SEARCH

SEARCH BY CITATION

Keywords:

  • Progenitor cells;
  • Neural differentiation;
  • Astrocytes;
  • MicroRNA;
  • Neural stem cell;
  • Notch;
  • Adult stem cells

Abstract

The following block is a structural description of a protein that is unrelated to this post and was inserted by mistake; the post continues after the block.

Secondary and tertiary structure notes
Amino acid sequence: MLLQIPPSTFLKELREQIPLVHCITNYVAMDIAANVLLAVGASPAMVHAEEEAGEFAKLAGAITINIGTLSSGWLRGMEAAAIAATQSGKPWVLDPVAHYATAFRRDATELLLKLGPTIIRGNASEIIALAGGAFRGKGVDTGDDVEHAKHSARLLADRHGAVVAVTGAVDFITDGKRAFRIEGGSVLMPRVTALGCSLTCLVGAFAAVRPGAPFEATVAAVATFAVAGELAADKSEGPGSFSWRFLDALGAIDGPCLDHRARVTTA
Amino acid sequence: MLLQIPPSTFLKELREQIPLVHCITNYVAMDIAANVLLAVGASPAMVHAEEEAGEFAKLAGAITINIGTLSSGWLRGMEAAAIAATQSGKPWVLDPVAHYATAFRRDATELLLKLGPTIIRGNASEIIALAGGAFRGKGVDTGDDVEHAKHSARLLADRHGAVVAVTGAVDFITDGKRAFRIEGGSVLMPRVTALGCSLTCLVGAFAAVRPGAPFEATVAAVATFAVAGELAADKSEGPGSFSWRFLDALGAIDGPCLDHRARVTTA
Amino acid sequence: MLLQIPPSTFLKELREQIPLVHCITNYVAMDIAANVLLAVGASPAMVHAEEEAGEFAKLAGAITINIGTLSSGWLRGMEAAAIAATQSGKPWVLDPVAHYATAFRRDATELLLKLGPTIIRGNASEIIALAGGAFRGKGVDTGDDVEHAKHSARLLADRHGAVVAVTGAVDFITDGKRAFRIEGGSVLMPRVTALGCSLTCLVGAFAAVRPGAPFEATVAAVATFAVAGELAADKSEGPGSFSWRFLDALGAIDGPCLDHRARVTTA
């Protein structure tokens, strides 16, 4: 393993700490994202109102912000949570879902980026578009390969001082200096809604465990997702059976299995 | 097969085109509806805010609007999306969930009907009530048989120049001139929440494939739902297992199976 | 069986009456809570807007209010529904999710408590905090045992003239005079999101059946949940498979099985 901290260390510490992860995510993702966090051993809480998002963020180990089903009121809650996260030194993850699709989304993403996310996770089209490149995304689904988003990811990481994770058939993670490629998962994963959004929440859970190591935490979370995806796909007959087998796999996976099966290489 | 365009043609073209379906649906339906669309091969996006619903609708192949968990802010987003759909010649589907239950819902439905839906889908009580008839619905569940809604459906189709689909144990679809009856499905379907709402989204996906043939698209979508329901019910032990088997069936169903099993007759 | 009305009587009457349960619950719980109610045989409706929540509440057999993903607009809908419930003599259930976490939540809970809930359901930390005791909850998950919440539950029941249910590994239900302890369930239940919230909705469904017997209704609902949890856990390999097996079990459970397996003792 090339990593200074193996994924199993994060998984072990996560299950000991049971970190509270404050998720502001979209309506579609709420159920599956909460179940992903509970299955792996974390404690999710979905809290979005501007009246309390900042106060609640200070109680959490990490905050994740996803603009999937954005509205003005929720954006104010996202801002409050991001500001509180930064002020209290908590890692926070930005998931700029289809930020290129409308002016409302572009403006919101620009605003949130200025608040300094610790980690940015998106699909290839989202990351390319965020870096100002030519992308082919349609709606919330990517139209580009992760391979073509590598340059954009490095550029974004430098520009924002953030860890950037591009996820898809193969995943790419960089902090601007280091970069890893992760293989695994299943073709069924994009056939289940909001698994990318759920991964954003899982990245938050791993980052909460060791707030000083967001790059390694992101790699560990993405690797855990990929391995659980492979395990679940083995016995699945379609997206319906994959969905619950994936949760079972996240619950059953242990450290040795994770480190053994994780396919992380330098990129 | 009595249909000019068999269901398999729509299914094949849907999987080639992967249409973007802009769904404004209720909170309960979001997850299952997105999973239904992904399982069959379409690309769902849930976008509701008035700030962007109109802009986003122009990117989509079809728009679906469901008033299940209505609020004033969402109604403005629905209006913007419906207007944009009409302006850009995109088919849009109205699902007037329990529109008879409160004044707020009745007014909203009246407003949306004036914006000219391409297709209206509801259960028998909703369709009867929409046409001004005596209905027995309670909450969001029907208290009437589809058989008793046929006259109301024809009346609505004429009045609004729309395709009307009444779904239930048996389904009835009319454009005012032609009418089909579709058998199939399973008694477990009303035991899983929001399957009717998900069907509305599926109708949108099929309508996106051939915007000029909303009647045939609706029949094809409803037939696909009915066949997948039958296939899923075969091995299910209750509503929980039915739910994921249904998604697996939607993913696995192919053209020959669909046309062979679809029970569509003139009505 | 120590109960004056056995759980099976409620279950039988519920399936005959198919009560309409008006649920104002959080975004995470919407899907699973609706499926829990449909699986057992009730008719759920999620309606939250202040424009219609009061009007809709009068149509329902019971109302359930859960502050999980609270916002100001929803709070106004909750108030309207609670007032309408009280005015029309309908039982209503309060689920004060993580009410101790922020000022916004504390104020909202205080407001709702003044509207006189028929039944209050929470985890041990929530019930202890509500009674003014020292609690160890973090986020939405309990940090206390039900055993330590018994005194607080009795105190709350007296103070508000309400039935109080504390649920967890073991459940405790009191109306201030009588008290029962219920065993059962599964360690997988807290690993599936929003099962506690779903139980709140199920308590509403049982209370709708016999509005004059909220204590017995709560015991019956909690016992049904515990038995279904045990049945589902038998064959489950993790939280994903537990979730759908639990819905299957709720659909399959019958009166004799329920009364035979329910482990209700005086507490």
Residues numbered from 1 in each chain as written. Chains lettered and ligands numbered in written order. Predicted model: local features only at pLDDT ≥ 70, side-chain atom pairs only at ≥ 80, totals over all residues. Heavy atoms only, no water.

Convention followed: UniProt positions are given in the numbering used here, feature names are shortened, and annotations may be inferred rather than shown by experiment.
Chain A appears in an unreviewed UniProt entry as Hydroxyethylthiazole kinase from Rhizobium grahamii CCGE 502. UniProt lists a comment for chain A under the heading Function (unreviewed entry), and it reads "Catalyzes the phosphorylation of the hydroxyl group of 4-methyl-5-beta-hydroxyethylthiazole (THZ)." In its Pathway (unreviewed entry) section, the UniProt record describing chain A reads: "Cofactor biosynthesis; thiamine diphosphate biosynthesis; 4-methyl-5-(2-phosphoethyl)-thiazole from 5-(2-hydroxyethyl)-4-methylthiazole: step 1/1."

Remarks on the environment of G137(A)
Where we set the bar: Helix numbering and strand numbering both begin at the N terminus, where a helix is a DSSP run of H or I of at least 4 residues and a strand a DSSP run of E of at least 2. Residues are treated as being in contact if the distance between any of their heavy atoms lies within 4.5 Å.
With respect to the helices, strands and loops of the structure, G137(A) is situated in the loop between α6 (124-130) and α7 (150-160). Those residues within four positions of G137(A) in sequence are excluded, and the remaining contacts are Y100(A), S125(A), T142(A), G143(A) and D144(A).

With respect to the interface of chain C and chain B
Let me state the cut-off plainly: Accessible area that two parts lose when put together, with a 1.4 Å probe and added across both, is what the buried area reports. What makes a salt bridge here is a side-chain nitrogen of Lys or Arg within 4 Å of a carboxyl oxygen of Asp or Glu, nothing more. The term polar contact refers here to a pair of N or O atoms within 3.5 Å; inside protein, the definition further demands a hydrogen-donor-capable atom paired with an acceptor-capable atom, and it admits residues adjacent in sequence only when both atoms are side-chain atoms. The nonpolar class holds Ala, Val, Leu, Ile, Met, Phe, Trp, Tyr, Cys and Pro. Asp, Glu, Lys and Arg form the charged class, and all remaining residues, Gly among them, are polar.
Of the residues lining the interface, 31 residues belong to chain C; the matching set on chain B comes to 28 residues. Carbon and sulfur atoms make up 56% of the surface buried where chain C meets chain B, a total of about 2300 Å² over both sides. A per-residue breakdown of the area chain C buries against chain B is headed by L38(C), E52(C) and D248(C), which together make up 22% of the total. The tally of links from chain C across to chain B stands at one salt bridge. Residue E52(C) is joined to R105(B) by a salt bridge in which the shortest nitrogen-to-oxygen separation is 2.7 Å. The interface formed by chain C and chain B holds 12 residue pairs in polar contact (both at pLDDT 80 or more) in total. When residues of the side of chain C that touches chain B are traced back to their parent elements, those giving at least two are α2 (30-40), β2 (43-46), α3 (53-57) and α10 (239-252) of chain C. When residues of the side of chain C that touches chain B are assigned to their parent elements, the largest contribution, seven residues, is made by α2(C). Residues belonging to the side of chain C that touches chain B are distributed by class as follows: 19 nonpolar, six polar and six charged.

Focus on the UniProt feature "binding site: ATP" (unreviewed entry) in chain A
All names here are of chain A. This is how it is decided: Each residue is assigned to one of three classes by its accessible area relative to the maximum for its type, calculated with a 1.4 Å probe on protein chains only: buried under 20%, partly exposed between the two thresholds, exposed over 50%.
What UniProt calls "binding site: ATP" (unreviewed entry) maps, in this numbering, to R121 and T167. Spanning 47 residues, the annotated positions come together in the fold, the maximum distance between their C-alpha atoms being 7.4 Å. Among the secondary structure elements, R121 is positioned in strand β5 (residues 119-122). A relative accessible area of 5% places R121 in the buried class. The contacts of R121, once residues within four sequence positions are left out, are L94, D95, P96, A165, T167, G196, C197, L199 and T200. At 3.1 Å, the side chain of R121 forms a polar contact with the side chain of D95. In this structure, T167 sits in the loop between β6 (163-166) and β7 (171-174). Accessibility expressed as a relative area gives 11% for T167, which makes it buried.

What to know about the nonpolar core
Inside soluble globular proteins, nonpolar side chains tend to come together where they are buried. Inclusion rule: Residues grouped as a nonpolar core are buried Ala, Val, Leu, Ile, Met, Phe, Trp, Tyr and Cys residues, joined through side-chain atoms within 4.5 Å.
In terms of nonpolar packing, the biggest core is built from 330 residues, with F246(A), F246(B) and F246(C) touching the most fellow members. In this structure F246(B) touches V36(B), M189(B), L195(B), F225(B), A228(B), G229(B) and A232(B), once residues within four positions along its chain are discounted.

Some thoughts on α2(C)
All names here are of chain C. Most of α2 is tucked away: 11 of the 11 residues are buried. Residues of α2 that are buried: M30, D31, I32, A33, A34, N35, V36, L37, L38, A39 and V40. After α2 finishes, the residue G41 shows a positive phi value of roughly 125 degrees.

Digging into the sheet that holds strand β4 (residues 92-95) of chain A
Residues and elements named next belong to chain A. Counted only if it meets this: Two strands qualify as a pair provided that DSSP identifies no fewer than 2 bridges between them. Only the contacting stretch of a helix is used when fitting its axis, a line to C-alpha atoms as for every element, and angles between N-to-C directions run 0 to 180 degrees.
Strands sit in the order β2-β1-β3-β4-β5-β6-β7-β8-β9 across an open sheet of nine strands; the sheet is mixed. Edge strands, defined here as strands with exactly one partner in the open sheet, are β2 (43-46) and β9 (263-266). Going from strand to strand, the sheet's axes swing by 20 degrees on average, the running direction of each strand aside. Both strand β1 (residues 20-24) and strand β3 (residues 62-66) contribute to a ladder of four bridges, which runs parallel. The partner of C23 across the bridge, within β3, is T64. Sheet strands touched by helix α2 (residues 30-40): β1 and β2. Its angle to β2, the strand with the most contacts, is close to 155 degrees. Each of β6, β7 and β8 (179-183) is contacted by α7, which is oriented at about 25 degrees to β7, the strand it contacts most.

The mechanism by which addictive drugs such as morphine regulate adult neurogenesis remains elusive. We now demonstrate that morphine can regulate neurogenesis by control of miR-181a and subsequent hippocampal neural progenitor cell (hNPC) lineages. In the presence of morphine, hNPCs preferentially differentiated into astrocytes, an effect blocked by the specific μ-opioid receptor antagonist, Cys2-Tyr3-Orn5-Pen7-amide. This effect was mediated by the Prox1/Notch1 pathway as demonstrated by an increase in Notch1 level in the morphine- but not fentanyl-treated hNPCs and blocked by overexpression of Notch1 siRNA. Overexpression of Prox1 siRNA upregulated Notch1 level and potentiated the morphine-induced lineage changes. Prox1 transcript level was regulated by direct interaction between miR-181a and its 3′-UTR sequence. In vitro and in vivo treatment with morphine resulted in an increase in miR-181a level in hNPCs and mouse hippocampi, respectively. Overexpression of miR-181a mimics reduced Prox1 levels, increased Notch1 levels, and enhanced hNPCs differentiation into astrocytes. Meanwhile, overexpression of the miR-181a inhibitor raised Prox1 levels, decreased Notch1 levels, and subsequently blocked the morphine-induced lineage changes. Thus, by modulating Prox1/Notch1 activities via miR-181a, morphine influences the fate of differentiating hNPCs differentiation and therefore the ultimate quantities of mature neurons and astrocytes. Stem Cells 2014;32:2961–2972